Score: 0



@TheGriff

Some good points in your post and I'm in agreement with much of what you say - indeed there is no perfect GTD system because everyone is looking for something a little different.

For me, I've been a Toodledo user for a long time and I like the fact that so much functionality is built in, that the iPhone app works and that third party iPhone apps are available as well.

However, I've made a conscious decision that I want to follow David Allen's GTD system as closely as I can. The problem is that this was designed around using physical inboxes, folders and paper - getting a digital version of that same workflow is not easy.

My main reason for wanting to achieve this is so that I don't have to worry about the GTD system, I can spend my time on just doing things.

A huge step for me has been to use Evernote as my inbox - best thing since those wire baskets. Just having a good place to collect and process all the stuff I come across gets the process off to a good start!

I'm also always interested to see how people have fine tuned systems like Toodledo to meet their personal needs, which is why I like this forum.

David
Claudio

Posted: Jan 21, 2010
Score: 0



TheGriff, thanks for starting this thread. You make some excellent points, as do the other posters.

Toodledo is flexible and powerful, but it is far from the best implementation of GTD.

Take a look at Things: http://culturedcode.com/things/
and Omnifocus: http://www.omnigroup.com/applications/omnifocus
(Full PDF manual here: http://www.omnigroup.com/ftp/pub/software/MacOSX/Manuals/OmniFocus-1.5-Manual.pdf).

They get it right when it comes to Projects, Next Actions, Contexts, and Reviews.

But, Toodledo is still the best online GTD application.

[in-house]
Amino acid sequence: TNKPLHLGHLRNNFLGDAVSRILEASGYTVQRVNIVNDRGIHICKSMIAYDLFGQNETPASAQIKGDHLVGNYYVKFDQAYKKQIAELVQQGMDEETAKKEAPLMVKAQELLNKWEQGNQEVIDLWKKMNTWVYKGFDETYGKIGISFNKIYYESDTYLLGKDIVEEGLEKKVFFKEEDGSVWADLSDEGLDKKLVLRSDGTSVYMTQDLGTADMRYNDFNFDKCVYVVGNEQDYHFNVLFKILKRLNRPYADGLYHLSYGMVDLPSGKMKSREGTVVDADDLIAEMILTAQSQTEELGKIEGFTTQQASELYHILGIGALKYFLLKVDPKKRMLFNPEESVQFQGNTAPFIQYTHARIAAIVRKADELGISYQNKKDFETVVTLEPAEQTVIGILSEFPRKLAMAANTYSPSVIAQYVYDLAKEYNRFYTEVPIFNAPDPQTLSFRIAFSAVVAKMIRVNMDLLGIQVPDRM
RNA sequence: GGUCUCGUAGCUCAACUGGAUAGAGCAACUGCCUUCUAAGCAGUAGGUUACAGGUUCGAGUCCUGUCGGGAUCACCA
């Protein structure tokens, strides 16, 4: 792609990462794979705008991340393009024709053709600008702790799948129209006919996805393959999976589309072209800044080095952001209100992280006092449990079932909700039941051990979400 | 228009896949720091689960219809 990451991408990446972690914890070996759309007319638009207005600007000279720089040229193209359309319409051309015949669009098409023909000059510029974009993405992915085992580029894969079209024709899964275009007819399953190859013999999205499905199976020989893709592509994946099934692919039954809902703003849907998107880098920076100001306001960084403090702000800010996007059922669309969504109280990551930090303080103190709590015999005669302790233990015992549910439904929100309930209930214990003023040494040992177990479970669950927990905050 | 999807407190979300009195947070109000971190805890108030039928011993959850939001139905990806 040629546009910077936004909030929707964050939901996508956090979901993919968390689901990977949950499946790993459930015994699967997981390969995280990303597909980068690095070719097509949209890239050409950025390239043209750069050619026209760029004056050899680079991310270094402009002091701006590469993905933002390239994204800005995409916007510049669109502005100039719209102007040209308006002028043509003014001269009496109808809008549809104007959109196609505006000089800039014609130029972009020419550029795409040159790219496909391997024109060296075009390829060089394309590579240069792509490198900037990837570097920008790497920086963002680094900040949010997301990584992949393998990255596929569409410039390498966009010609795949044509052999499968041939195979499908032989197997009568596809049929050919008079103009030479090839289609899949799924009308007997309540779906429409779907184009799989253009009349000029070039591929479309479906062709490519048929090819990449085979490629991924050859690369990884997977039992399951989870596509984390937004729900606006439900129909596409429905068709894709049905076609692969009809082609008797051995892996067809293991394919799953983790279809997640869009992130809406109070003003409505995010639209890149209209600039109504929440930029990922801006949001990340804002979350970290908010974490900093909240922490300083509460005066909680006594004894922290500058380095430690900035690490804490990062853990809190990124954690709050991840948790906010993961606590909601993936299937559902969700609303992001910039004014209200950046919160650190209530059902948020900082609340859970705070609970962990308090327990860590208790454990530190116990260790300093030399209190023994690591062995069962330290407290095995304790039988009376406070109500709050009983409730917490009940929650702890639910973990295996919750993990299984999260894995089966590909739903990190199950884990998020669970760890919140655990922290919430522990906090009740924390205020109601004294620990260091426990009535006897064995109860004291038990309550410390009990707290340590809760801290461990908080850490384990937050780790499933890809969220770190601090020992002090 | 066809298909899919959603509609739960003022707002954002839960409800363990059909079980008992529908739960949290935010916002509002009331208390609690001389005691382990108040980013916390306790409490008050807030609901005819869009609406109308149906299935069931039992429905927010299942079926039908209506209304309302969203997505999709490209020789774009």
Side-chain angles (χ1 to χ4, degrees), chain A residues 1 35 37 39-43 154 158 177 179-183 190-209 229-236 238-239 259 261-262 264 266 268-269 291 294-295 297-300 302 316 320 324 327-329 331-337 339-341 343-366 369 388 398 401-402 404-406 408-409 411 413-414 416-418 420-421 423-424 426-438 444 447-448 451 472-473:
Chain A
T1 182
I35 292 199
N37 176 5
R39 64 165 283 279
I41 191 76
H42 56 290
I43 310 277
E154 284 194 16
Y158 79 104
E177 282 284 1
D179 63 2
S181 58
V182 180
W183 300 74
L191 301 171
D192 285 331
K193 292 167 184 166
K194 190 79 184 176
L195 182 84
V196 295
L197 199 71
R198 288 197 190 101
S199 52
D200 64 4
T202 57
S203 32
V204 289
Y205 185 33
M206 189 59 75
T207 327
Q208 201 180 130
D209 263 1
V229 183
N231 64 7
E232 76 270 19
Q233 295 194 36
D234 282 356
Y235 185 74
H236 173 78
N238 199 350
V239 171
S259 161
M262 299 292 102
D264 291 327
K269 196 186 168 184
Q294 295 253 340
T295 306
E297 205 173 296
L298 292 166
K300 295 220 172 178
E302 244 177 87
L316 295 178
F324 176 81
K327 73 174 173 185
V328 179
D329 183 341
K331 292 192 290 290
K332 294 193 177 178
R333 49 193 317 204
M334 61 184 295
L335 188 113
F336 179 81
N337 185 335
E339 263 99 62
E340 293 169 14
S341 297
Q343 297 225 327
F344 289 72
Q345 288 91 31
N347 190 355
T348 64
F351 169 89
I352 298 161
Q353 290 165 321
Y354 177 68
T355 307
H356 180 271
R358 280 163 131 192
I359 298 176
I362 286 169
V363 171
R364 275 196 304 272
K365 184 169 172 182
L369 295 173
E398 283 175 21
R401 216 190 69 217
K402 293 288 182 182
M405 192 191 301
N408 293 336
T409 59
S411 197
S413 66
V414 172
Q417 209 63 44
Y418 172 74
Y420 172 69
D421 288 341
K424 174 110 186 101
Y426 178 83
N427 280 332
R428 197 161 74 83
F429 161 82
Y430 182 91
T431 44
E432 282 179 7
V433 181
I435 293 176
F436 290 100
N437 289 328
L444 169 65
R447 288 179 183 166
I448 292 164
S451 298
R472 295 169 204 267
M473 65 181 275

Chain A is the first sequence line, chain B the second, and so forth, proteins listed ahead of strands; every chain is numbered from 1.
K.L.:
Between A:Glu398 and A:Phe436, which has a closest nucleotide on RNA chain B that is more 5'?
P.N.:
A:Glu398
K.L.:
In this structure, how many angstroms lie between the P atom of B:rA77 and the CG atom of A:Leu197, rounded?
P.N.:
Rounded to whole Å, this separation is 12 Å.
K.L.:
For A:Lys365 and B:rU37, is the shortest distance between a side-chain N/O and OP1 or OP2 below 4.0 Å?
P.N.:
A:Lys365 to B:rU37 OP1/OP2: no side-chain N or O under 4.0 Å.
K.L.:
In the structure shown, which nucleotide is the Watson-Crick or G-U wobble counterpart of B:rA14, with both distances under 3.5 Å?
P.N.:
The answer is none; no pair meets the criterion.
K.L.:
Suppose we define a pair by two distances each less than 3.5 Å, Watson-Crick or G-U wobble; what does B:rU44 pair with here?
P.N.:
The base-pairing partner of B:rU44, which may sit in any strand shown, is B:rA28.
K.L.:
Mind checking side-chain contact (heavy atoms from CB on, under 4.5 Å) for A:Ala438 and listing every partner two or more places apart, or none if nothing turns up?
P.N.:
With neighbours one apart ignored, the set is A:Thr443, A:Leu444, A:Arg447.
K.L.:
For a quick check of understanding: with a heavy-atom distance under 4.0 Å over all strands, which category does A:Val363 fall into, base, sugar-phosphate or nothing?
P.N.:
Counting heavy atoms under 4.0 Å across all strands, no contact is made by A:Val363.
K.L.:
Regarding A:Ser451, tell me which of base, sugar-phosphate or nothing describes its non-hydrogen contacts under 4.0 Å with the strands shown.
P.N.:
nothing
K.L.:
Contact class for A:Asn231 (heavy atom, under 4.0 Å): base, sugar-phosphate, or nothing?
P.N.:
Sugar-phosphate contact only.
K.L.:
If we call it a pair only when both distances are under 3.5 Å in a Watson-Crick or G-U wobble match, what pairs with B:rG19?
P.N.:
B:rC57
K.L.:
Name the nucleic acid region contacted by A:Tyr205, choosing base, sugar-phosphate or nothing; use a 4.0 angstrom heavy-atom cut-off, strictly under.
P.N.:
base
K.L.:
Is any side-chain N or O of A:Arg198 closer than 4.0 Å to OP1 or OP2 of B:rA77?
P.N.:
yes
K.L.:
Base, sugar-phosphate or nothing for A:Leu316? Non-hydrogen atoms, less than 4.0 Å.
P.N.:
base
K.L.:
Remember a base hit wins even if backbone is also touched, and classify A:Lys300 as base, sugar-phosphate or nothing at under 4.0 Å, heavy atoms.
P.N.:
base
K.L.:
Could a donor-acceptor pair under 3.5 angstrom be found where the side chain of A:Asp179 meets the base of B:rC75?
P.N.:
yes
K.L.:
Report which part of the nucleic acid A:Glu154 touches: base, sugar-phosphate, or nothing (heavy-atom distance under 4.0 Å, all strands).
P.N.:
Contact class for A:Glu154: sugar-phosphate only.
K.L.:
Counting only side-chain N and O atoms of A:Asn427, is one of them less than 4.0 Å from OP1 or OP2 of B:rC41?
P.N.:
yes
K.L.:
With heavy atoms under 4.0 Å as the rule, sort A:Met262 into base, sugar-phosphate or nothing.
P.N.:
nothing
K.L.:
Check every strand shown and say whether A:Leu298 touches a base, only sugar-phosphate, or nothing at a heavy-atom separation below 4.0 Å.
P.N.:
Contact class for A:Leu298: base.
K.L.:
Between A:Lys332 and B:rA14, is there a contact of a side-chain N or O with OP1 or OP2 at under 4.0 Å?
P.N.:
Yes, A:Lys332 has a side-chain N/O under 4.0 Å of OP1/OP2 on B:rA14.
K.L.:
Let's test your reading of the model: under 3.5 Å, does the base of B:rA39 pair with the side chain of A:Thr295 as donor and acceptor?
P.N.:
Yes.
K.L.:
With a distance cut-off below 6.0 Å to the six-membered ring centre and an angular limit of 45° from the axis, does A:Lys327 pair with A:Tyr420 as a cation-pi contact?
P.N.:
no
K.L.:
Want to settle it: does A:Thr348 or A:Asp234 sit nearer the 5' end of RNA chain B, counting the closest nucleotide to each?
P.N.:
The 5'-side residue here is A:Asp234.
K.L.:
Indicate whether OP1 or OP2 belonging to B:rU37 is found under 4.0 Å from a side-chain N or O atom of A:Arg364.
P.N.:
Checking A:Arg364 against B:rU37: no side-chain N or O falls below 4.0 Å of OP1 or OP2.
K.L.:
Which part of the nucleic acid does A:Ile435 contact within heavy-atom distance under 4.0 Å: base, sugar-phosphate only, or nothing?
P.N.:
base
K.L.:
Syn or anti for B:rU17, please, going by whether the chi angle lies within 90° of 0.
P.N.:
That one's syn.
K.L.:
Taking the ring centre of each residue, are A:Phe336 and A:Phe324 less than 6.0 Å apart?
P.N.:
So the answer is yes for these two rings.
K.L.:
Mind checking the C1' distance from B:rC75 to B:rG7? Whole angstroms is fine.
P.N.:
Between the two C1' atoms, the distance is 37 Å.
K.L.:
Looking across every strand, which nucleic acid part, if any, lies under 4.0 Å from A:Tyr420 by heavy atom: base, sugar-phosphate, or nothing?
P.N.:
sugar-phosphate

For now. ;)


This message was edited Jan 21, 2010.
mossman4x4

Posted: Jan 21, 2010
Score: 0



yep, Things looks great except I don't have a Mac. I was reluctant to go web-based but I'm glad I did thus far.
Proximo

Posted: Jan 21, 2010
Score: 0



If Things was in the Cloud. I would not be posting on this forum right now. :-)

Things does GTD right with a nice UI, simple application and great GTD functionality.
Vin Thomas

Posted: Jan 21, 2010
Score: 0



I am Mac user and have tried Things, The Hit List, and Omnifocus. None are as good as Toodledo as far as functionality IMO. Then again, I am not a strict GTD guy.

Huge benefit of Toodledo is the many points of entry available (email, call in [via Dial2Do], twitter) and the great reminder system.
Proximo

Posted: Feb 01, 2010
Score: 0



Posted by Vin Thomas:
I am Mac user and have tried Things, The Hit List, and Omnifocus. None are as good as Toodledo as far as functionality IMO. Then again, I am not a strict GTD guy.

Huge benefit of Toodledo is the many points of entry available (email, call in [via Dial2Do], twitter) and the great reminder system.


The Vin has spoken. :-)

To be honest, I only require my iPhone to do what I need in my GTD system. I do use email forward to make task but it's not a deal breaker for me. I never dial in to add things to my inbox, because i use my iPhone and just go right into Toodledo. I don't use Twitter for much at this point, so it's not a big deal either.

I do use a PC and that means no Things for me. Even if I had a Mac, I would not want a system that is tied to my Laptop. I want something in the Cloud.

I do most of my computing in the Cloud now and I have learned to love the flexibility it offers. Sometimes when I fly and the plane goes into some Clouds, I always pray it's not the Cloud with my information in it. :-)